In a previous blog post, we explained the concept of “qui tam.” The private individuals who file qui tam actions — “relators” — usually work for federal contractors. A qui tam action is only used to assert fraud against the government. People who file qui tam actions do so under the False Claims Act, which aims to stop fraudulent billings to the government. If their action is successful, relators stand to benefit personally by collecting 15 to 25% of any money amount awarded by the jury, as well as attorney’s fees. So if you are in Illinois and believe that your employer (a federal contractor) is committing fraud against the government, find an Illinois qui tam lawyer to help you file a qui tam action as soon as possible.
In United States ex rel. Stone v. OmniCare, Inc., Relator John Stone charged Defendant OmniCare with submitting false claims not only to the federal government, but also to several states. OmniCare was the nation’s largest provider of pharmaceuticals to long-term health care institutions, including assisted living facilities, retirement centers, and hospices. The company also provided related services such as respiration therapy and nutritional products. As a result, in 2008, 60% of defendant’s revenue came from Medicare and Medicaid.
Relator worked as Vice President for Internal Audit and conducted two key audits of OmniCare’s Medicare and Medicaid claims. The first set was submitted between 2000 and 2005, and consisted of 39 claims from 18 facilities per year. The second set took place in 2008, from newly acquired pharmacies only, and consisted of 30 claims from 15 facilities. Relator’s intent was to inform OmniCare of systematic problems that might exist regarding the claims and to prompt further claims-level investigation if needed. Both audits showed systematic problems, which relator relayed to OmniCare. Instead of inquiring further, OmniCare merely provided a limited repayment to Medicare that did not reflect the extent of overpayments and falsely claimed that the problem had been resolved. OmniCare also stockpiled certain medications in an effort to gain greater Medicare reimbursement. After relator presented these “deficiencies” in a formal document, OmniCare’s CEO allegedly told him to “begin looking for other employment.” Relator believed that his discharge was retaliation for lawful conduct under the FCA.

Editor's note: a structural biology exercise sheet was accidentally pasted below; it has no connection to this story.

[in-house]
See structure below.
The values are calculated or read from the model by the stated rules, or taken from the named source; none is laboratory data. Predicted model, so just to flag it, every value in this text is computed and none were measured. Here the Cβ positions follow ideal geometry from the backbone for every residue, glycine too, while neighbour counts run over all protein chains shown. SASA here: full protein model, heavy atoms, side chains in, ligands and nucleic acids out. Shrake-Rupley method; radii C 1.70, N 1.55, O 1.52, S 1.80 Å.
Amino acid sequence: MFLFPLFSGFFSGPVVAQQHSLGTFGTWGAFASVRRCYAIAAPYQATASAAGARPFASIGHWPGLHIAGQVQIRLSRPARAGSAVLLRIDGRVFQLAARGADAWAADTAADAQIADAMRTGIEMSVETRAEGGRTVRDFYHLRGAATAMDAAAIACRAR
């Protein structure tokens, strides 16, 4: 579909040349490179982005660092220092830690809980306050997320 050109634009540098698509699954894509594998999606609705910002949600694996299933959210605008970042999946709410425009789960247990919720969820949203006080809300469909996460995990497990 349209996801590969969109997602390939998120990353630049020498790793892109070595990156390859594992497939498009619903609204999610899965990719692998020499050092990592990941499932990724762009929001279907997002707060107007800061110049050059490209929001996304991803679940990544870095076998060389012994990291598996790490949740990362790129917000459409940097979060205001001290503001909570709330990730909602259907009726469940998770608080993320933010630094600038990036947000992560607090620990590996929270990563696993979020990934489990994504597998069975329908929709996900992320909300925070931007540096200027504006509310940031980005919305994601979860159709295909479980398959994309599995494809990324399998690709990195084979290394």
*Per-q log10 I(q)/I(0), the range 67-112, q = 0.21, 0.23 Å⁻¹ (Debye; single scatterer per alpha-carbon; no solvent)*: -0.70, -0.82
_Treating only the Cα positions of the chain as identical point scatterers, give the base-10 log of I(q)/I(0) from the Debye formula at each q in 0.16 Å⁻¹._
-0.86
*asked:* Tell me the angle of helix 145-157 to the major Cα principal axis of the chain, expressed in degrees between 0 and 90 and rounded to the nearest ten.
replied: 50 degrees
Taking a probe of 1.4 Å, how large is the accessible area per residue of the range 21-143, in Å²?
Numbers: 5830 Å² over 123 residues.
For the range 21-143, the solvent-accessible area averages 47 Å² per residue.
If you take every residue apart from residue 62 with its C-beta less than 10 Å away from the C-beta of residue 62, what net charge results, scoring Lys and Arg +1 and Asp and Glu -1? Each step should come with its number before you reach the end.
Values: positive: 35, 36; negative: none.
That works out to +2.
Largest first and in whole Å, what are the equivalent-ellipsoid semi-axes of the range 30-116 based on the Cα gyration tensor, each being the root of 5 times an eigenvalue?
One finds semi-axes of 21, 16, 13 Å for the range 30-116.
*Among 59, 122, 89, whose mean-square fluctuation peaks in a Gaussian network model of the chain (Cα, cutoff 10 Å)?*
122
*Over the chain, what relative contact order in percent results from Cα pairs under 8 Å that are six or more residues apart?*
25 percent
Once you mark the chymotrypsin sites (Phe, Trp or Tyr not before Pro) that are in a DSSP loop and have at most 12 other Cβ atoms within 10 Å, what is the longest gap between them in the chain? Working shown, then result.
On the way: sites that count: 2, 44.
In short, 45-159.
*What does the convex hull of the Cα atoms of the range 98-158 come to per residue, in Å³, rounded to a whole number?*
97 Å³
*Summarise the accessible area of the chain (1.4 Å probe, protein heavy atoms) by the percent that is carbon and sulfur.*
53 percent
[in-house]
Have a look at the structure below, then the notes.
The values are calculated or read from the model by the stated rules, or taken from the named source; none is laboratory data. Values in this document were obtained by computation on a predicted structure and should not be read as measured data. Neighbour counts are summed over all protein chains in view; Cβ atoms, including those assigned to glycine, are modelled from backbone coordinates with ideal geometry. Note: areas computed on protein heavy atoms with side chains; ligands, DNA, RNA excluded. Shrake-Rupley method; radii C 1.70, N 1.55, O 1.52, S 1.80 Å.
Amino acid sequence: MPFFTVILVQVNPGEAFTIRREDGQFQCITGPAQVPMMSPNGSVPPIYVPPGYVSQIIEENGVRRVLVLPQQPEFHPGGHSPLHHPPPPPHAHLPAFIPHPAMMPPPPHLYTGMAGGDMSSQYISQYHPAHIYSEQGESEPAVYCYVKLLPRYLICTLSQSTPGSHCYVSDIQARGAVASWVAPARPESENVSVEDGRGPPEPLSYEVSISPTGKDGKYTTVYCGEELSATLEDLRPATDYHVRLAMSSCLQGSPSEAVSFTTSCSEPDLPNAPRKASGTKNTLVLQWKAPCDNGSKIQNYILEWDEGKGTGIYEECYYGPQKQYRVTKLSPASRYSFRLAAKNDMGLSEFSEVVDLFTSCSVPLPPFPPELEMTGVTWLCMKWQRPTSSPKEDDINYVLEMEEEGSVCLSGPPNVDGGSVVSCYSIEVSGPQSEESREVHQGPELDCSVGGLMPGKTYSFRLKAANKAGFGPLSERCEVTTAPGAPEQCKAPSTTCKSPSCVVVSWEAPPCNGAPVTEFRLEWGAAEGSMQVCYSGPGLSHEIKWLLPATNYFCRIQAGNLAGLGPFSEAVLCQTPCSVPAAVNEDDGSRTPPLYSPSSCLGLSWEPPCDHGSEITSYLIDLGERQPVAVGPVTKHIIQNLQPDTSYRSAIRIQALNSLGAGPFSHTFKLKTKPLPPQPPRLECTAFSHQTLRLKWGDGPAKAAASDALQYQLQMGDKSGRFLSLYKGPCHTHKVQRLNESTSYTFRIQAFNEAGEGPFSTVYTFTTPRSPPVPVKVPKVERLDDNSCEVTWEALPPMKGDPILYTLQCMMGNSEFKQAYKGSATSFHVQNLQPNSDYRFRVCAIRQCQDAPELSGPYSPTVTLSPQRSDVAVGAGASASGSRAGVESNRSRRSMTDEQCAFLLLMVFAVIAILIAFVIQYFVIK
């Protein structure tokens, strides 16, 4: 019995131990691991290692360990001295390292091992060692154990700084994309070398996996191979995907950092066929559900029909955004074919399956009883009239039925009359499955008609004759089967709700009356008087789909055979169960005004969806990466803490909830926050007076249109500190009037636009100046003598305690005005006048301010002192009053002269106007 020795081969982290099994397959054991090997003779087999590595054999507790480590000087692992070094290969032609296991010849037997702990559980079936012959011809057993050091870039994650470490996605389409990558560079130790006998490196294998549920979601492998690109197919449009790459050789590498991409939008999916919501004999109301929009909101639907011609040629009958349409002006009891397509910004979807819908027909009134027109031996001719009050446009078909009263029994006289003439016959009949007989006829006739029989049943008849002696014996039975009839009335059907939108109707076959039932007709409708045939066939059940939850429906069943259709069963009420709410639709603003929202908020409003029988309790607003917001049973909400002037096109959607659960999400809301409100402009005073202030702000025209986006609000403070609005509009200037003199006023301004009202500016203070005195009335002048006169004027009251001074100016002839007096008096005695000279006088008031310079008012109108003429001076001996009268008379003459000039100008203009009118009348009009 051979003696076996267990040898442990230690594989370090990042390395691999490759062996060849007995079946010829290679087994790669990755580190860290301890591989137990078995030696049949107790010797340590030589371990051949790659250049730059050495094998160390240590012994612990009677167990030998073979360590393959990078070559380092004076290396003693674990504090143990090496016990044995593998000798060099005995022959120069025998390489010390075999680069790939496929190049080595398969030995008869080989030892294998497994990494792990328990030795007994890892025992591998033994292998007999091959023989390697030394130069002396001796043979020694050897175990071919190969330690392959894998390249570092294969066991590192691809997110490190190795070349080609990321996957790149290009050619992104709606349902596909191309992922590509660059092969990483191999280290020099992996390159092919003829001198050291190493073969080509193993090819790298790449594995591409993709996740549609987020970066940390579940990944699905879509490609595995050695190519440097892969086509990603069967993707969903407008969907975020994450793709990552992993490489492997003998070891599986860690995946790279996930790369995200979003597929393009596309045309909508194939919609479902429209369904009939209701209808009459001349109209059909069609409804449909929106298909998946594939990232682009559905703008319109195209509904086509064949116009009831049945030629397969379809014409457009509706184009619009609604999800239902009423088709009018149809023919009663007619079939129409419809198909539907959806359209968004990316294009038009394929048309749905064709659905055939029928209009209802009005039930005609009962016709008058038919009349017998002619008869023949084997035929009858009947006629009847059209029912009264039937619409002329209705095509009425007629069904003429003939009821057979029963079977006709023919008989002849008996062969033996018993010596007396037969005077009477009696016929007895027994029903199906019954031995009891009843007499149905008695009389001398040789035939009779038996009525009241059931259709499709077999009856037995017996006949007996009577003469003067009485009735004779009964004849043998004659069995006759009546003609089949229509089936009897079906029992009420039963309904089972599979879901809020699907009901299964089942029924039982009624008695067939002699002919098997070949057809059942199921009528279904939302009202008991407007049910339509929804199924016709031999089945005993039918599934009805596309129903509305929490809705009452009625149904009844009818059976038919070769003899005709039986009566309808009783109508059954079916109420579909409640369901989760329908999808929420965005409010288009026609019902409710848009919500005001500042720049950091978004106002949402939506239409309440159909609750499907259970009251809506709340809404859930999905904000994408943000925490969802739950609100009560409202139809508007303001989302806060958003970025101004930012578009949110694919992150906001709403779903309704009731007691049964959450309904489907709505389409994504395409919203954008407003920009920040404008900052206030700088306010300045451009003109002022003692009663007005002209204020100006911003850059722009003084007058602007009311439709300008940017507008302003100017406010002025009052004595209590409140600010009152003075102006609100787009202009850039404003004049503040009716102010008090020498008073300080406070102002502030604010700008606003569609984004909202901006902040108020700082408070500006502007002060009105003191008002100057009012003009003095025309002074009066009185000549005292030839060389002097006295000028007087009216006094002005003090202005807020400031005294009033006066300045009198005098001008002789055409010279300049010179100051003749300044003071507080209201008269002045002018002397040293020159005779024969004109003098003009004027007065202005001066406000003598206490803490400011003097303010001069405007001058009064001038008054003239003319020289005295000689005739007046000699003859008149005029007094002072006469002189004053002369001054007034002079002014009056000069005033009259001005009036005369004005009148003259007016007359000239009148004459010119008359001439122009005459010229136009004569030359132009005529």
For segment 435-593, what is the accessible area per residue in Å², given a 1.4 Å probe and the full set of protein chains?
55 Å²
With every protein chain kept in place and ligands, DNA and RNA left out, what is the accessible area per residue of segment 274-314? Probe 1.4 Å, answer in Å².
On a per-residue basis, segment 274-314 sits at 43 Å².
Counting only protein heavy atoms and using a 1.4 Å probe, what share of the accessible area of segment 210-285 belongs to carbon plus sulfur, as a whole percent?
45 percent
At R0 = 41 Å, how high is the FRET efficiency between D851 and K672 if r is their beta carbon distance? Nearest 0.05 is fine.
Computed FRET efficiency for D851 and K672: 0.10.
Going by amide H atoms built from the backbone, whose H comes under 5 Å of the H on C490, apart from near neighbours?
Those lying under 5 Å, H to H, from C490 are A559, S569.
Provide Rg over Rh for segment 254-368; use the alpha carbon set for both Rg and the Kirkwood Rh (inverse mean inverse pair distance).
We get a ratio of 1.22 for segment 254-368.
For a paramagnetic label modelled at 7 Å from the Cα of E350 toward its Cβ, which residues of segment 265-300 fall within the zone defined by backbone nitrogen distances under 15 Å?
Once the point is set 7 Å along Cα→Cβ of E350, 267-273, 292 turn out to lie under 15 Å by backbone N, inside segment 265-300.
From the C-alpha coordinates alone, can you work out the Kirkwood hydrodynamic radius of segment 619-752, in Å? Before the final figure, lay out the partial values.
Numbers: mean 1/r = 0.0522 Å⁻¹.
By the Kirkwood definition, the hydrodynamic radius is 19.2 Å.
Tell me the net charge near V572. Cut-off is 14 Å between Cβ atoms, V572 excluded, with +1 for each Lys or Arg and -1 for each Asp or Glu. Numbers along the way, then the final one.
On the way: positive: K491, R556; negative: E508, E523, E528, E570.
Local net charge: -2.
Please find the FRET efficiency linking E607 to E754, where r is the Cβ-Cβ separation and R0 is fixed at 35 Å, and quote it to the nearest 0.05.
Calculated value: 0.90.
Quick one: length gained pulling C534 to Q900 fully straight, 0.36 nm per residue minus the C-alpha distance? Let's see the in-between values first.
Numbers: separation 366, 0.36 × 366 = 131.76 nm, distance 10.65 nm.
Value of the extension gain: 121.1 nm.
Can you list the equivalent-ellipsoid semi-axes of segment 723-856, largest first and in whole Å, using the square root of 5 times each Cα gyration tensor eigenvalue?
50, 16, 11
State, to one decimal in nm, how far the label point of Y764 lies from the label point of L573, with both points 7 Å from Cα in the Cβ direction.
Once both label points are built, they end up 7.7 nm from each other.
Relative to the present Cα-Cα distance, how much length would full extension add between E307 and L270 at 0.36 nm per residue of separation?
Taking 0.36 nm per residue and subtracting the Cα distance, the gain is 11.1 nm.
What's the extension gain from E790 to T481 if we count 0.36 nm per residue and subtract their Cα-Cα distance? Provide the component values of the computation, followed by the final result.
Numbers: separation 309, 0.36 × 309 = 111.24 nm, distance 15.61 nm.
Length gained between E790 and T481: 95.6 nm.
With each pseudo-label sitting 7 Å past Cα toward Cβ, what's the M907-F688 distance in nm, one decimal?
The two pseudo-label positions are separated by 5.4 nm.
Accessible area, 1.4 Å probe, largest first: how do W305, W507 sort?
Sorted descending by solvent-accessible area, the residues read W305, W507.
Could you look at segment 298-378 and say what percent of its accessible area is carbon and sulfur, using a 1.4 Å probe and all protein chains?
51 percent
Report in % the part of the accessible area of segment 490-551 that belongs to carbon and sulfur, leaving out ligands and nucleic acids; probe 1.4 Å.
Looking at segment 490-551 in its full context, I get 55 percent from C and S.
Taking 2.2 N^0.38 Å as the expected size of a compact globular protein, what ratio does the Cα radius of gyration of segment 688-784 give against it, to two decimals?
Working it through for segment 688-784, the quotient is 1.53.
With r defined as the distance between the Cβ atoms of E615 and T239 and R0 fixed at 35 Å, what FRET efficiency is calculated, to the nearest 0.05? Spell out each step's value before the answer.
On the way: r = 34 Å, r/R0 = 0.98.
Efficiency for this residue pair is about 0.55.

Judge James Zagel of the Northern District of Illinois noted that under the amended FCA, an overpayment must be reported and returned within 60 days of when the overpayment was identified. The question was whether relator’s discoveries of overpayment qualified because the statute could not be applied retroactively. Relator claimed that liability could be pinned to May 22, 2010, and thus all of the false claims from 2000 through 2005 and 2008 automatically attached. Judge Zagel disagreed. He felt that relator’s was too loose an interpretation of the FCA, permitting any overpayments — no matter what the year — to be subject to liability as long as some money from that claim is still in the company’s coffers. Therefore, the judge dismissed relator’s qui tam claim.
However, Judge Zagel did not dismiss relator’s retaliatory discharge claim. Retaliatory discharge under the FCA was met when 1) the relator’s actions were taken in furtherance of an FCA enforcement action; 2) the defendant “knew” that relator was engaged in the protected conduct; and 3) the discharge was at least partly motivated by the protected conduct. A fraud-alert employee such as the relator would need to put the defendant on notice of fraud by stating “magic words” such as “fraud,” “illegal,” or “improper.” Relator claimed that he spoke of “fraud” to the company, which Judge Zagel determined was enough to suggest retaliatory discharge. The judge allowed the retaliatory discharge claim to move forward.
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